Even the Farm Finance Concessional Loan schemes that ran in WA from 2013 to 2017 which offered loans to eligible and viable farm businesses to support productivity and drought preparedness was only taken up by a handful of farmers and the WA Department of Agriculture was left to pick up over several million dollars in administrative costs.  Public funds that were then not available to go into R&D or biosecurity that would have supported the whole sector.

As the WA State Government has stepped out of this space, the Commonwealth has recently stepped back in, which saw the announcement in July this year of a $4 billion fund as part of the Regional Investment Corporation.  A careful reading of the eligibility criteria will show it is not a last resort source of finance.  At $4 billion dollars, it is a fraction of Australian agricultural capital requirements which needs at least $100 billion by 2025 to maintain its current share of exports.  If anything it will put a small amount of competitive pressure on the banks in reality it is a political play to make the government look like it is doing something.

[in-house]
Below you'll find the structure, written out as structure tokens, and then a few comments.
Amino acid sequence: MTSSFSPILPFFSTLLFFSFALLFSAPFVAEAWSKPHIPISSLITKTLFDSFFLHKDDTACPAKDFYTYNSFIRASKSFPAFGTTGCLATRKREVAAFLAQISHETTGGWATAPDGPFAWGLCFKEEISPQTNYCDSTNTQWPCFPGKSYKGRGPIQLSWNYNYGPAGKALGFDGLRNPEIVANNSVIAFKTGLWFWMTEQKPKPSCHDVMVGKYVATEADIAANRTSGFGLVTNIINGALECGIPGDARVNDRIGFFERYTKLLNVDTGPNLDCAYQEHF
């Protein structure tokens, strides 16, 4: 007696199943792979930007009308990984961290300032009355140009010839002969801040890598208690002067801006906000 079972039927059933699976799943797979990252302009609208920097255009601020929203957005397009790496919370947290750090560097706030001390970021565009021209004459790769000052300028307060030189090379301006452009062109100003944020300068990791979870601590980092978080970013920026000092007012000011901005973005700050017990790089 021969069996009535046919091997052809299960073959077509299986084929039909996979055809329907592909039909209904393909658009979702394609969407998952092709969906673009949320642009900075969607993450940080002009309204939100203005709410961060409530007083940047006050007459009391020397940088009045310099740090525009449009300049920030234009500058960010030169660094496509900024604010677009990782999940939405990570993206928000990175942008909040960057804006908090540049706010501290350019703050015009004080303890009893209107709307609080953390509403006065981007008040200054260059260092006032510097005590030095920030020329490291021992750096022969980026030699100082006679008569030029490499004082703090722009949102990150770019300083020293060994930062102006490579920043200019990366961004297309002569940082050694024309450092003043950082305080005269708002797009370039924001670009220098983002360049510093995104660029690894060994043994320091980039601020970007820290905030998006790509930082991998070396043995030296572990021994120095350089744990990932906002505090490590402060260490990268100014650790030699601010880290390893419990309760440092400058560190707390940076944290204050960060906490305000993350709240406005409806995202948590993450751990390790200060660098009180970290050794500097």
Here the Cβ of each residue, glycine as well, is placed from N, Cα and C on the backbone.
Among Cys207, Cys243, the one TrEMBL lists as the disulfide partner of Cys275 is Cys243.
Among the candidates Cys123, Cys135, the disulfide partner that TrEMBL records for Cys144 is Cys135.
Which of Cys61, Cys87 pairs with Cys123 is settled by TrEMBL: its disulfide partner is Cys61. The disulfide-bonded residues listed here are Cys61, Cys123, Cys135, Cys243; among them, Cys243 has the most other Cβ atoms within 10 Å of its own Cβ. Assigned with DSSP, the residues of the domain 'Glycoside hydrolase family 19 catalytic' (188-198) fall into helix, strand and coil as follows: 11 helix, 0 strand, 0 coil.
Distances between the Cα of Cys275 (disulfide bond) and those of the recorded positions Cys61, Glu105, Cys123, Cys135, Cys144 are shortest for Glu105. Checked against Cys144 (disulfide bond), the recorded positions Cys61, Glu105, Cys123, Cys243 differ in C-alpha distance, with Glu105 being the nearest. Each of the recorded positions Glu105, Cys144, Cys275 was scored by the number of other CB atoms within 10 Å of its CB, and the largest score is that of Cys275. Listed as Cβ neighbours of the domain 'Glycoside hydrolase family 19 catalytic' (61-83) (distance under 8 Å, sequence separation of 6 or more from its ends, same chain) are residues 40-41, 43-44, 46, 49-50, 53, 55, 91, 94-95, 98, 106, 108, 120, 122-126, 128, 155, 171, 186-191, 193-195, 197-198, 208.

The greatest risk is the message it sends to the market that is the Government continues to exist as the lender of last resort. As with all politically driven decisions that support noisy demands for Government funding, it is only a matter of time before the tap is again shut off. How long will this scheme last if there is a change of government in Canberra?

Ultimately the best bank is the family bank of cash in bank.  Western Australian farmers would like the government to get their hands out of our pockets in our good years when we have a chance to put some money in the bank. WAFarmers believe the Government should move to send a signal that self-reliance is the only way to manage the risks that exist within any modern agricultural business. WAFarmers would prefer the Commonwealth lift the Farm Management Deposit cap from $800,000 to $2m to cater for the growing size of farm businesses and open up the scheme to all forms of business structures.

This would be a far better way for the Commonwealth to ensure WA farm businesses put away some reserves from what for many will be a bumper year and prepare for the inevitable next drought than attempt to be the lender of last resort.

WAFarmers fully understands the pressures and stress of a bad year, particularly those in WA who have had a below average season on the south coast and the  intensive industry farmers such as dairy, pork, chicken and egg who are buying high priced grain are doing it tough this year. For those farmers that are doing it tough in WA this year WAFarmers urges growers to get in touch with the Rural Financial Counselling Service of WA (RFCSWA) if they’re feeling the financial pinch of a poor year.  And for those farmers with hay to sell, if you get a call from someone who is doing it tough down south then mates rates on fodder would no doubt be appreciated by those who are seeing their bank accounts go south this year.

Trevor Whittington